Between 1 January 2012 and 31 December 2013, we conducted a retrospective audit of the medical and ARV dispensing records for all patients receiving an STR prescribed and managed by a clinic doctor during the said period (patients who were dispensed medication prescribed by external doctors were excluded from the analysis). The study was conducted at Albion Centre, a WHO Collaborating Centre for Capacity Building and Health Care Worker Training in HIV/AIDS Care, Treatment and Support, and Australia’s largest public, multidisciplinary specialist HIV treatment centre, located in metropolitan Sydney.

Patients completed a brief questionnaire concerning demographics, current STR, and previous ARV regimen (if not treatment-naïve). They were asked to specify the main reason for switching to an STR according to the following predefined reasons: desire for an STR (convenience), once-daily dosing, and improved toxicity, previously on a clinical trial (trial ended), or to state their own reason.

We established the number of Albion Centre patients receiving STRs including the proportion and reasons commenced on an STR as treatment-naïve patients, switched from an MTR to an STR, switched from an STR to another STR, and switched from an STR to MTR. We compared the HIV RNA and CD4 count of those on STRs to those on MTRs to deduce differences in relative virological efficacy and immune response.

Patients either initiated an STR as a treatment-naïve patient or switched from previous treatment to an STR prior to the study period; that is, all patients were receiving STRs during the study period and STR switches to an MTR “discontinuations” were then evaluated to calculate STR survival (STR switch to an alternative STR was not classified as a treatment discontinuation for statistical purposes). Mean HIV RNA and CD4 count were obtained for the duration of previous therapy with MTR and STR from the medical record.

Data were analysed using SPSS version 22.0. Regarding statistical analyses, difference in mean HIV RNA during treatment with MTR versus STR was calculated using Wilcoxon’s Sign-Rank test; difference in mean CD4 count during treatment with MTR versus STR was calculated using a two-tailed paired -test; difference in observed proportion of patient with HIV RNA >20 copies/mL was calculated by McNemar’s test; and mean estimated STR survival during the 24-month study period was calculated by means of a Kaplan-Meier survival plot.

The postswitch HIV RNA and CD4 count were taken as the last available results in the medical record preceding 31 December 2013. No patients were switched for reason of virological failure. Although the time from the initiation of STR until the end of study end-date varied for each patient, this was deemed the best indication of the efficacy of the STR for the purpose of our analysis. Ethics approval was obtained from the South Eastern Sydney Local Health District Human Research Ethics Committee.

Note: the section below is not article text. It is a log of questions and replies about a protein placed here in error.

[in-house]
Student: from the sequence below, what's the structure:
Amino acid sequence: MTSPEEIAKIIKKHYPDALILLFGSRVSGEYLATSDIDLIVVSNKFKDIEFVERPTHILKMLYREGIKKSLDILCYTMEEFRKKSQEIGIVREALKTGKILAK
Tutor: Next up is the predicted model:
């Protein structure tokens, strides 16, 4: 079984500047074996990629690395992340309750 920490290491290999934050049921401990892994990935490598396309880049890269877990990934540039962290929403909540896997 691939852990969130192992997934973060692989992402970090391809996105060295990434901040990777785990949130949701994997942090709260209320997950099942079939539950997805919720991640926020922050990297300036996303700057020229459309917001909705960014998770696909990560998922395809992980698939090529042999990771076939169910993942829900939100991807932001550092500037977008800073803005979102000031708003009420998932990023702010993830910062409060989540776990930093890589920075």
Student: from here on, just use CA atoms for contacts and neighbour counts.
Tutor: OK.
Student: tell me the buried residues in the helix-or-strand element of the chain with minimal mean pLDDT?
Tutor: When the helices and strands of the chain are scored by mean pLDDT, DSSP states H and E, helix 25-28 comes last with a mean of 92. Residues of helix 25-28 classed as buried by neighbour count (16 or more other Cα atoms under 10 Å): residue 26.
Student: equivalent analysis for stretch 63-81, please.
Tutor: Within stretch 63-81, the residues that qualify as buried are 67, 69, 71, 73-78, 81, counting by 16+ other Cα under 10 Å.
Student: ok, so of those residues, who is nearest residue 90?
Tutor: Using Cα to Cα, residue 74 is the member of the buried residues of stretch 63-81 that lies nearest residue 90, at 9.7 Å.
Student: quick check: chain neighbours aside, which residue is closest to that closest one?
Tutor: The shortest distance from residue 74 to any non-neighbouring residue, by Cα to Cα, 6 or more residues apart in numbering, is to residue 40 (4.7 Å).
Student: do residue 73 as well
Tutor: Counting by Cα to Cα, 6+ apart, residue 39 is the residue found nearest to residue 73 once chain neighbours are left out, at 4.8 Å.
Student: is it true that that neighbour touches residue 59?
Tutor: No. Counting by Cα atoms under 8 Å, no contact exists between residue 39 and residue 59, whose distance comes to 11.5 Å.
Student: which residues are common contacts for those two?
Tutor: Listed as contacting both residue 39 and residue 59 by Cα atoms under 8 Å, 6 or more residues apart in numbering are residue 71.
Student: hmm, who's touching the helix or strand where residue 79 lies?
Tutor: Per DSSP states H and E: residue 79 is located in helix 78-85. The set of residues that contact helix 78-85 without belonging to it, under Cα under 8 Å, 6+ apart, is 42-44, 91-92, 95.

3. Results

A total of 299 patients were receiving an STR during the study period. This represented approximately 25% of all ARV prescriptions dispensed through our pharmacy at the time. 96% of patients were male and 4% were female. The cohort mean age was 42 years (range 19–73); 10% (29 patients) were hepatitis C antibody positive, 6% (18 patients) reported previous injecting drug use, and 5% (14 patients) were hepatitis B core antibody positive.

Two-thirds of patients (193) had previously received ARVs prior to enrolment and one-third (106 patients) were treatment-naïve. HIV RNA and CD4 counts obtained on the day of first prescription of an STR, if available, or immediately preceding the STR initiation, were used to define the “HIV RNA at switch” and “CD4 at switch” for the purpose of statistical analyses.

During the study period, 206 patients switched from their previous ARV regimen to an STR (14 previously treatment-naïve, 192 previously treated). The details of previous ARV regimen and switch to an STR are shown in Table 1. Approximately half the patients switched their previous treatment to Atripla and the other half to Eviplera/Complera. The majority (88%, 182 patients) had switched from an MTR, 11% (23 patients) switched from an STR, and 1 patient, who had received an MTR but stopped treatment prior to the study period, was commenced on an STR (this patient was counted as a “switch” for the purpose of the analysis).



Patients receiving STR299
 Patients switched to STR206
Previous regimen type
 MTR182
 STR23
 Treatment interruption1
STR switched to (from previous regimen)
Eviplera/Complera111
  From MTR83
  From Atripla23
  From medication trials4
  From prolonged treatment interruption1
Atripla95
  From MTR93
  From medication trials2